“Someone deeply rooted in dnb asked: ‘Why House? It’s so simple.’ This is not true at all. When the standard liquid funk breaks and samples of DnB bored me, I began to experiment with microfunk, which then could be applied to house or techno. It is all about the musician – his/her taste and originality.” Dimitri tries to “say something” with his music, evoking a feeling from deep within to come out through the expression. He has a romantic point of view when it comes to music and artistic expression, always searching for some provocative image when describing an element in his music. It has some striking resemblance to the old writers of Russia, people like Tolstoy and Bulgakov, who could paint pictures effortlessly with their words. Perhaps some of this has affected the future generation like Dimitri. “St Petersburg is beautiful; it has a lot of soul. 80% of the year the sky is grey, but the atmosphere of the city is always attractive.” His own music is very rarely heard in Russia with the artist unsure as to the reasons behind the lack of support. It doesn’t faze him however and although he finds inspiration from the city, he is not solely dependent on it as a muse. “A place is just a small part of what can affect creativity.” It’s perhaps the reason why his music has such an affinity with a UK sound, but at the same time it shares some of the solitary sombre beauty of Russia. Nuage’s music is like a cloud on the horizon, a cloud that holds the weight of the ocean in a delicate cocoon of the entrancing melodies and lush textures that float over the listener.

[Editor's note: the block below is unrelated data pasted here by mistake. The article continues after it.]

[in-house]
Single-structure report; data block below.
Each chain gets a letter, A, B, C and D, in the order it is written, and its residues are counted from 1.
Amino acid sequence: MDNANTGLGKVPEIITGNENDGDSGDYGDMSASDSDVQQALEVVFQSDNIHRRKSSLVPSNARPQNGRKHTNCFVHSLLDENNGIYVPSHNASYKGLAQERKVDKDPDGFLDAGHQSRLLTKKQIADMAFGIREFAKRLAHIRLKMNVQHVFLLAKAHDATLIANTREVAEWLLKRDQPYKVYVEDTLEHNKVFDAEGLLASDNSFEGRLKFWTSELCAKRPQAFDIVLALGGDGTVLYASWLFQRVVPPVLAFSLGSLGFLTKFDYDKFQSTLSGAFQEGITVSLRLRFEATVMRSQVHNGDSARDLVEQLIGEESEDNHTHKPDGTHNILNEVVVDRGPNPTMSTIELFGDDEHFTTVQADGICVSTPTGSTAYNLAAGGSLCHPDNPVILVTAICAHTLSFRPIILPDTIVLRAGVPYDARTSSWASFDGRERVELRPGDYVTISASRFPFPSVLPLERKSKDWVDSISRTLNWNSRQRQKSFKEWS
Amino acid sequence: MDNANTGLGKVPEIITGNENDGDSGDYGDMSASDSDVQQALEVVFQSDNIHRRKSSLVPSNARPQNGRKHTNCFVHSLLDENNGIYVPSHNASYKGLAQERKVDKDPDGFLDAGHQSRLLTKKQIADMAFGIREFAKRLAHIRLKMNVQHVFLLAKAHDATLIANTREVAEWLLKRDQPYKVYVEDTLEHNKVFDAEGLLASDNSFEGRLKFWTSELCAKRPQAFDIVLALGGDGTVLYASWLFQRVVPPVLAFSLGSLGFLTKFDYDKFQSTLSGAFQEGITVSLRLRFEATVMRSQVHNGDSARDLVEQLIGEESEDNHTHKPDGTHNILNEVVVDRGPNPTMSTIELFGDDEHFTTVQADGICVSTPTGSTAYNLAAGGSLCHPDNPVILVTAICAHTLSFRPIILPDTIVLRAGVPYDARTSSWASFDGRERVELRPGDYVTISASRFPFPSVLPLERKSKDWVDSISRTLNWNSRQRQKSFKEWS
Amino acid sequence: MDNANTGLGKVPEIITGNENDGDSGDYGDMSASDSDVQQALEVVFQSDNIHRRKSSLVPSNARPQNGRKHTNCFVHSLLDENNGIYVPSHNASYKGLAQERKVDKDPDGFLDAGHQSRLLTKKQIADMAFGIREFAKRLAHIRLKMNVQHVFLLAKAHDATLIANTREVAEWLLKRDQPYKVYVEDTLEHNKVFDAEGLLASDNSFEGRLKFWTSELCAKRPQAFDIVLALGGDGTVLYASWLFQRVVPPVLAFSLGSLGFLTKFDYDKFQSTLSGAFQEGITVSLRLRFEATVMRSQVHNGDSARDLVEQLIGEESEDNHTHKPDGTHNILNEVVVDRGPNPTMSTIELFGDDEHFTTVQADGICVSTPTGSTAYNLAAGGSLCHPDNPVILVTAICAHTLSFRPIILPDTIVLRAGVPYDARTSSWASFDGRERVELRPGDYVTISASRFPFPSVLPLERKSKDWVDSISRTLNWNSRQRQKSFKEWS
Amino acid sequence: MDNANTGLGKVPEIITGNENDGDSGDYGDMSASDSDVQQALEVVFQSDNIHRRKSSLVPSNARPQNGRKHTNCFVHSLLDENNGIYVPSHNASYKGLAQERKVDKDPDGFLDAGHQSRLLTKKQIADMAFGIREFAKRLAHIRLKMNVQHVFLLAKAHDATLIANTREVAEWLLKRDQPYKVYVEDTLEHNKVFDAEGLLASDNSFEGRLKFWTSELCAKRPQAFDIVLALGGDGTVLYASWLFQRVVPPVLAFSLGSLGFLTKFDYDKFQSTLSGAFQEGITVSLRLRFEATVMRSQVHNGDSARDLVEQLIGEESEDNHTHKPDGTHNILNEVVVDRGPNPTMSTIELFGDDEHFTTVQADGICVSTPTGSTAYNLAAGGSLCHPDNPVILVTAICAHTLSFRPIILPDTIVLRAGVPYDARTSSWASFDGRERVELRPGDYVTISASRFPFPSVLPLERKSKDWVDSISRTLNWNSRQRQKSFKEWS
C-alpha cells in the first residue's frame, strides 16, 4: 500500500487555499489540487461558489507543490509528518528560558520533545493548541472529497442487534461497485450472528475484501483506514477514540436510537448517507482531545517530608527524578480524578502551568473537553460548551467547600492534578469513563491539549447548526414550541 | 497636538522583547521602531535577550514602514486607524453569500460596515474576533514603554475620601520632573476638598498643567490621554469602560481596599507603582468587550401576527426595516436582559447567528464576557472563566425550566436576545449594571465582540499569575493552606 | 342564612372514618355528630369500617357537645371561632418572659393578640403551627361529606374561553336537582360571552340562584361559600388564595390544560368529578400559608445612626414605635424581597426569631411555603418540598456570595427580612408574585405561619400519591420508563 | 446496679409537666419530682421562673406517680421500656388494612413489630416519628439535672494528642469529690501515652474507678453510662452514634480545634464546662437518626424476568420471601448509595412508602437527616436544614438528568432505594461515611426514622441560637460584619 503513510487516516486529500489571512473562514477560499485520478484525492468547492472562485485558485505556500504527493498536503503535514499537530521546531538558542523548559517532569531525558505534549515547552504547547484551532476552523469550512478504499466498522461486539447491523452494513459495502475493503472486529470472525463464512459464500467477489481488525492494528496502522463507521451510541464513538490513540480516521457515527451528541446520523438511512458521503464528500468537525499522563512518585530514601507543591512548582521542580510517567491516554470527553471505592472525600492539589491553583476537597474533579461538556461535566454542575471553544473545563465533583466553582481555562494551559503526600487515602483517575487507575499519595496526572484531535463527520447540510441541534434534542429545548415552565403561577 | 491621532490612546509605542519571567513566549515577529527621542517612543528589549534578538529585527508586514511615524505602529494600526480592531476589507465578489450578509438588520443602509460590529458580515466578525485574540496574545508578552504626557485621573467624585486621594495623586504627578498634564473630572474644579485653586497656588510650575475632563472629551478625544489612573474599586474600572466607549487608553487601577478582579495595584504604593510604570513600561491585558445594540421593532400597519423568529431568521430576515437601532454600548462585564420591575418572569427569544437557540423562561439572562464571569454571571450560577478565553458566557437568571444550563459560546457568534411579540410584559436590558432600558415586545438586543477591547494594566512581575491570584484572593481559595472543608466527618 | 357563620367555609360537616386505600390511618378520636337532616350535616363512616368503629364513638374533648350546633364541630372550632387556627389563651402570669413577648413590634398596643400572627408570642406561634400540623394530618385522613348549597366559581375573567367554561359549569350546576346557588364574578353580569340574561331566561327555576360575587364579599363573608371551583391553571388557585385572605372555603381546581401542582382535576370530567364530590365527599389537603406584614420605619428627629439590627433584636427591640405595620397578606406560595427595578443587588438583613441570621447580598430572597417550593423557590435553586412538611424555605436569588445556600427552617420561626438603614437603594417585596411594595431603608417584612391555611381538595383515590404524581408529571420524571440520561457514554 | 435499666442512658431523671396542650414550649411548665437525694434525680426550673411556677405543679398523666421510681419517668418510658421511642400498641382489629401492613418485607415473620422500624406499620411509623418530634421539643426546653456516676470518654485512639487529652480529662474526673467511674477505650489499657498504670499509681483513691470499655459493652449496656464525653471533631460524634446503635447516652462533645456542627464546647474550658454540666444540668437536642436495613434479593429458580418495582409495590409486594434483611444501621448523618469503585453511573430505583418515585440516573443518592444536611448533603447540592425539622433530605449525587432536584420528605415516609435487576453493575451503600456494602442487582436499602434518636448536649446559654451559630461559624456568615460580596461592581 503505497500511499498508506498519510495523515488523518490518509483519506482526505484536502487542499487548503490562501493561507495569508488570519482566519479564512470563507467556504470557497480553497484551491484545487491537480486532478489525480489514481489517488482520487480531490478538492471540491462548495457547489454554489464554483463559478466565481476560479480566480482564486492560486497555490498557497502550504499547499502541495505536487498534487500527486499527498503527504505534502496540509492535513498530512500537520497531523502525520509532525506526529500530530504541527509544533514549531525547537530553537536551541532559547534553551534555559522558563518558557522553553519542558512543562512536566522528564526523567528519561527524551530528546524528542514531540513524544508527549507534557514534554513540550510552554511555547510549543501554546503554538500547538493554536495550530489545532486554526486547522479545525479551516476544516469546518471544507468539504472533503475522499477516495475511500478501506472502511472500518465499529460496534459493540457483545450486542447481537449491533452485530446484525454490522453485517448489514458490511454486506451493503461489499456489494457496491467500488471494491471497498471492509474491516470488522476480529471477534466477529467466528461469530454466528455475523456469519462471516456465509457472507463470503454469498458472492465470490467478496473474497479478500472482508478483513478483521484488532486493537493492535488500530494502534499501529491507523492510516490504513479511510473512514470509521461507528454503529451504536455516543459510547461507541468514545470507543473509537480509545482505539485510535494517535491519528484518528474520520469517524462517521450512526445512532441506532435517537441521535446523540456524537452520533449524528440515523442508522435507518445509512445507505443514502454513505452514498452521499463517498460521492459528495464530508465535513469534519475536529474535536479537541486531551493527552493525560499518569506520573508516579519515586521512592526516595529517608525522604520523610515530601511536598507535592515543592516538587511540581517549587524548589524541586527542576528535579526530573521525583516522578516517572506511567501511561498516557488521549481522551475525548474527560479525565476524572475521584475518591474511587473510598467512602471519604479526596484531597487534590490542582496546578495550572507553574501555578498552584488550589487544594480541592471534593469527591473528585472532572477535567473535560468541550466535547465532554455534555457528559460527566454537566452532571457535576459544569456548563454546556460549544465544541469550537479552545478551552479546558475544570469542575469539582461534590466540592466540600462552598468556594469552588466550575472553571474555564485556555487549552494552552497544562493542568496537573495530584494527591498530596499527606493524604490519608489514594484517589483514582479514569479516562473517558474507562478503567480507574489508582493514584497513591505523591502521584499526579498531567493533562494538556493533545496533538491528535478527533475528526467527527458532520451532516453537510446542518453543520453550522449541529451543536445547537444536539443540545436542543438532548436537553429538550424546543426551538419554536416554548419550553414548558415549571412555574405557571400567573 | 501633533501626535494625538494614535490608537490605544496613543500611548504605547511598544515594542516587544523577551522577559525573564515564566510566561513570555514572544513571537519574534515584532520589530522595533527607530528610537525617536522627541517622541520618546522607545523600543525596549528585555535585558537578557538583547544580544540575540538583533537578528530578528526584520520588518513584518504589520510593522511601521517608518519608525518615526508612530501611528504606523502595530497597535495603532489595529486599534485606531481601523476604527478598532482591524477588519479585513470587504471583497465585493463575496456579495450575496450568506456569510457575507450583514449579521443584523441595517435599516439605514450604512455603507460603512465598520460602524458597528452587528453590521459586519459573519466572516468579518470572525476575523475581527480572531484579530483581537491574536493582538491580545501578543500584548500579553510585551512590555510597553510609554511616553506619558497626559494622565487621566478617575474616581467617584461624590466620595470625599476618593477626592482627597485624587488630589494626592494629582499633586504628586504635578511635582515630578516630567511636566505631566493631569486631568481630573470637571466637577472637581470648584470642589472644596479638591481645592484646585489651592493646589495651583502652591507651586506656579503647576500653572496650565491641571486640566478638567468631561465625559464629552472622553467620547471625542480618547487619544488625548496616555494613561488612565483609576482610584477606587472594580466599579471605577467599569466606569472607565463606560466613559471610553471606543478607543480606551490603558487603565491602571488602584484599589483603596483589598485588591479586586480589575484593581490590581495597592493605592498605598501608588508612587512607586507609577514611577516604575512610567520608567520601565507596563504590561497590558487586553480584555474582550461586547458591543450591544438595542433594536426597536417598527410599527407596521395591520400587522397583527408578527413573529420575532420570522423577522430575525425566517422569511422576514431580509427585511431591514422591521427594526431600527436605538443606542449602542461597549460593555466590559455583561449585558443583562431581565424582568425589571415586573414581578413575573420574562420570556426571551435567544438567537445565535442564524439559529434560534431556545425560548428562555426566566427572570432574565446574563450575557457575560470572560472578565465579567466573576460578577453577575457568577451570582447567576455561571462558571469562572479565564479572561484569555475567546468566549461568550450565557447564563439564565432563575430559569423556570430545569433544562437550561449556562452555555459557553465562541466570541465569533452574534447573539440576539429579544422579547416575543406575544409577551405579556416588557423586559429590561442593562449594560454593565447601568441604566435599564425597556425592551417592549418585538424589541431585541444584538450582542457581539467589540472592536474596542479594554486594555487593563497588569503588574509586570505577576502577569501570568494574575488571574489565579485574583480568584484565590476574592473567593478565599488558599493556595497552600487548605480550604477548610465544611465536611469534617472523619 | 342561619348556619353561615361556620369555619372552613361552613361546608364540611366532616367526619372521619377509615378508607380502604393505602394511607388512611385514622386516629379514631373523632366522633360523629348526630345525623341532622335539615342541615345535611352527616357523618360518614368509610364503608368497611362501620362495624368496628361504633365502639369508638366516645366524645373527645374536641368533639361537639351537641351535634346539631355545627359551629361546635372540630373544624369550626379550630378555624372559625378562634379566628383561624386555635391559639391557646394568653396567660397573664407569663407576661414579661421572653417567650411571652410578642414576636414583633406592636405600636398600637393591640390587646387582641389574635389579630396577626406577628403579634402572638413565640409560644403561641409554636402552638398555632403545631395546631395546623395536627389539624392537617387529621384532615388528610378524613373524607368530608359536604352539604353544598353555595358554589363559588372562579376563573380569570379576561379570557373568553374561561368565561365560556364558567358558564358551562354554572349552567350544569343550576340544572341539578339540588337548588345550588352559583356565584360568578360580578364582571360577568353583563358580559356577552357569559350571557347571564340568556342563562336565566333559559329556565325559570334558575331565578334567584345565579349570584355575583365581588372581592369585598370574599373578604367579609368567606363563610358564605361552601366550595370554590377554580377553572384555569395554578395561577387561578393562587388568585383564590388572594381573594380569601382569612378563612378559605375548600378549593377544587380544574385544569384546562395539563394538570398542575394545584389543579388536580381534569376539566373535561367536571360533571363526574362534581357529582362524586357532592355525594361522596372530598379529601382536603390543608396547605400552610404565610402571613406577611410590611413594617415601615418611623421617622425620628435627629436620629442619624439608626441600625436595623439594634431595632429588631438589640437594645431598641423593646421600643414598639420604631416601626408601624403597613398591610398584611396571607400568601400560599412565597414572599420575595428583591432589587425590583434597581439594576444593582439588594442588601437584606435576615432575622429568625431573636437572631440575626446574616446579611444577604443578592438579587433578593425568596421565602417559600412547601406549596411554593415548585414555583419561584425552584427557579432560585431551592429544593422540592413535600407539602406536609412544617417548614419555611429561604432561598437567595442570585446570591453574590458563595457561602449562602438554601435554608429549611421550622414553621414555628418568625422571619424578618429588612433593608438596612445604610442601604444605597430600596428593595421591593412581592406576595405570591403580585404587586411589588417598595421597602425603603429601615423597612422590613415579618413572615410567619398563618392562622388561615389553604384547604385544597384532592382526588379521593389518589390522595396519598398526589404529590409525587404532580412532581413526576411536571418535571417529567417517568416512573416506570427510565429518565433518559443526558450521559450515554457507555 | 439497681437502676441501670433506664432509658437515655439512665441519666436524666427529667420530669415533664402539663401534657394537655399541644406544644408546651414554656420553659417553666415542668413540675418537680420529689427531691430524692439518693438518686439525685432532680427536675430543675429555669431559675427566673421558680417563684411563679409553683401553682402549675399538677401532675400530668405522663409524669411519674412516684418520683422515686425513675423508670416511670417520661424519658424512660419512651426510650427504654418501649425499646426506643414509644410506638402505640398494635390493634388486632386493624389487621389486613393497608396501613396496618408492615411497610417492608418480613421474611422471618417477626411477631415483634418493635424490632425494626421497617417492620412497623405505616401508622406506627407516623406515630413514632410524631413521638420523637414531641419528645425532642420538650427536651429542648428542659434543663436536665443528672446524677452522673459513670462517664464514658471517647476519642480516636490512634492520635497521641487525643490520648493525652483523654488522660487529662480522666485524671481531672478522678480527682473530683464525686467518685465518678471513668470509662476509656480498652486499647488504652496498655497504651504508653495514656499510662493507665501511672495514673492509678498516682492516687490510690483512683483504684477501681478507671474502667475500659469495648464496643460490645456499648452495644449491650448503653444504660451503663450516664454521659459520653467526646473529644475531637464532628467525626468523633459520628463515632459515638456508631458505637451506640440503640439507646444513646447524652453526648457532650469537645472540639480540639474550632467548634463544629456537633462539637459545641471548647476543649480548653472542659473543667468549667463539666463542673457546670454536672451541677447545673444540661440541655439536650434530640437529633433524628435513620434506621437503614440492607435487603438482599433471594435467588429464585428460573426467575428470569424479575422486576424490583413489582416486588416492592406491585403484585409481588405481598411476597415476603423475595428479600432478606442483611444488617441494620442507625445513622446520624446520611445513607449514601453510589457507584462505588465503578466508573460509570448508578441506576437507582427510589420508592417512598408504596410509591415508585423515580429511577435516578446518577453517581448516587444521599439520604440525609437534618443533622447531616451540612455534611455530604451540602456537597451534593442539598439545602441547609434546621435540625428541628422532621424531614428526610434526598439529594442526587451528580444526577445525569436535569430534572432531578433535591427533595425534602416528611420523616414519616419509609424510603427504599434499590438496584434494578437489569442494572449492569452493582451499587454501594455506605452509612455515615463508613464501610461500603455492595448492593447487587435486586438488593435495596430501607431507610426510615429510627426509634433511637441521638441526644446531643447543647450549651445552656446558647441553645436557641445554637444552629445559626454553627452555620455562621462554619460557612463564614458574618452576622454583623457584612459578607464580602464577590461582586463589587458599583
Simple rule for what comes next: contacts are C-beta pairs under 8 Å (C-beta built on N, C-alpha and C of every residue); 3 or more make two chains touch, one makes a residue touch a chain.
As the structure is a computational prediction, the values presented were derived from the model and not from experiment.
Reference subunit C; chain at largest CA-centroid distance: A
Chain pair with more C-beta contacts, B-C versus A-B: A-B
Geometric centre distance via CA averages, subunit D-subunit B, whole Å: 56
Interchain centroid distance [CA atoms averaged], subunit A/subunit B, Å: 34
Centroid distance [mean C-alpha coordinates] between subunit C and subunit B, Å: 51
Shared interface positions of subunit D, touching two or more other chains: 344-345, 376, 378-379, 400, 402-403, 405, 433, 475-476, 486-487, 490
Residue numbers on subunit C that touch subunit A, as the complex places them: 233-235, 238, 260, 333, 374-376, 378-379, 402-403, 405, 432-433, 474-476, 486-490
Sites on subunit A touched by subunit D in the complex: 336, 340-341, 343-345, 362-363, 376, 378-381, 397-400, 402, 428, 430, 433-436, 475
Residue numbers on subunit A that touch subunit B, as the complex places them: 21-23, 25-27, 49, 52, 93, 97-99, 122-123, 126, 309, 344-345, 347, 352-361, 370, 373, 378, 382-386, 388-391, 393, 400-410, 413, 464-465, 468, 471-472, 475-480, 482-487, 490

Neida shows the producer taking the sound that won him much critical acclaim on previous albums, Prints of you and Music Of Branches a little further into House music’s blurry domain. “I believe that music is evolutionary. Technically, my sounds became deeper when I started to experiment with 120 BPM. At first it was a naive view on garage or deep house, but lately I’ve been paying attention to the complexity of the composition from left field house. I feel like it’s been a journey.” Part of the charm of the journey on Neida comes from the beautiful harp of Olga Maximova, plucking at the sensitive layers of the music, infecting the electronic layers with some human care and devotion; Neida’s lament at the fragility of human life voiced through the angelic charm of the stringed instrument. The collaboration has inspired to work more with acoustic instruments and a future collaboration with the trumpet is also on the cards. For the moment however Dimitri looks forward to his audience enjoying Neida, perhaps listening to it on repeat, but for the most part his only wish is that “it will be a story or a soundtrack for someone.” Neida is a remarkable statement in the artist’s biography; one that seems to suggest that there is some new beginning there for the artist without sounding like an executed move into trend-informed areas. The contrasting influences come together effortlessly and the harp, gives the music a very human dimension, but more than anything the story of Neida is its major appeal, taking the listener on an evocative journey through the landscape of northern mythical folklore. You can almost hear the waves crashing onto the shore as the goddess of the ocean lures her next victim into her bosom.